Cherry eye

What is cherry eye?

Cherry eye is prolapse of the nictitating gland in dogs (very rare in cats) of the third eyelid. It generally affects dogs under 2 years of age. It is most common in:

  • Cavalier King Charles Spaniels
  • English Bulldogs
  • Lhasa Apsos
  • Shih Tzus
  • West Highland White Terriers
  • Pugs
  • Bloodhounds
  • American Cocker Spaniels
  • Boston Terriers.

The nictitating gland is responsible for producing part of the tear film that lubricates the eye.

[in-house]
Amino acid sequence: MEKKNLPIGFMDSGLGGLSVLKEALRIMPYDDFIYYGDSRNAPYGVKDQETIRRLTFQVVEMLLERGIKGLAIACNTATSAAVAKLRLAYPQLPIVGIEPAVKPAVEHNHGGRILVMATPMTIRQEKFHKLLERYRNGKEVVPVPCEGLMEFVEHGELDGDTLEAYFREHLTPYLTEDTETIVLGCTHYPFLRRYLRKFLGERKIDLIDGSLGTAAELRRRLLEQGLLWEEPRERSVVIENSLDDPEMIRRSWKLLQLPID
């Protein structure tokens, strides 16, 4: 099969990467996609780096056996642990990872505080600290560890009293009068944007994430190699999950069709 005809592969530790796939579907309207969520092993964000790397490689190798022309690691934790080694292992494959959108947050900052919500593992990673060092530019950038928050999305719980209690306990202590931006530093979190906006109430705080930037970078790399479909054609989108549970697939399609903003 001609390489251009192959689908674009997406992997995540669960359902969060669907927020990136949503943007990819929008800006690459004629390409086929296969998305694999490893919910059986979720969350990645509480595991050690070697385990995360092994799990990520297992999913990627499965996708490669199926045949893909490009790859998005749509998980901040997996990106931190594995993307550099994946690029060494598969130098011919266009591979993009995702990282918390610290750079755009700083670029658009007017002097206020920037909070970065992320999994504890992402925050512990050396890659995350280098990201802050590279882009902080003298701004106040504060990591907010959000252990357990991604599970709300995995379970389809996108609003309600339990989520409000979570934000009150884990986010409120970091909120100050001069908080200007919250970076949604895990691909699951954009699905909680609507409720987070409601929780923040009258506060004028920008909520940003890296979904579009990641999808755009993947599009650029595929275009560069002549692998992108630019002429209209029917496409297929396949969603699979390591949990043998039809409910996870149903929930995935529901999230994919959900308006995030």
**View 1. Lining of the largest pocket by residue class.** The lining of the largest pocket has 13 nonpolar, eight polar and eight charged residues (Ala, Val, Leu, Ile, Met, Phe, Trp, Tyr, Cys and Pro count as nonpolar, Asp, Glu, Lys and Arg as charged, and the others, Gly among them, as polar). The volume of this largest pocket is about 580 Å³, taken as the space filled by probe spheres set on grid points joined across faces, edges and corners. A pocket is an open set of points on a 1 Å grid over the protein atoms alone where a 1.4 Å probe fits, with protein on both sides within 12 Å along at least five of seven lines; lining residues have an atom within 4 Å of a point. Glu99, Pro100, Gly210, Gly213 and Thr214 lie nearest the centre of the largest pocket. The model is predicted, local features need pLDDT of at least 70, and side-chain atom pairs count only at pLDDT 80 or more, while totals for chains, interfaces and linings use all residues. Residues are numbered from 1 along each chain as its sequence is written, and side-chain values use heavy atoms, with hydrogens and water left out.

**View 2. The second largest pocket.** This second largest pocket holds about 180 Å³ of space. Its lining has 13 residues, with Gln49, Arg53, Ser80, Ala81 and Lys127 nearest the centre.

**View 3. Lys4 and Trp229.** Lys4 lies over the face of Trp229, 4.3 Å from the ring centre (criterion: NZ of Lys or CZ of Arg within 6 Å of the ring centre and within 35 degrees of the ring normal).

If left untreated and irritate the eye and can lead to complications such as conjunctivitis, corneal ulceration and dry-eye (KCS).


In puppies, cherry eyes can be monitored and gently massaged or replaced -this may result in resolution as the puppy grows.

If the cherry eye continues to be present, surgical correction is required.

Surgery of cherry eyes involves replacing the gland within the third eyelid and is a relatively simple procedure.

Aftercare of cherry eye surgery involved keeping the eye moist and preventing secondary infection with ointment/drops.

Recurrence after surgery is possible but not common.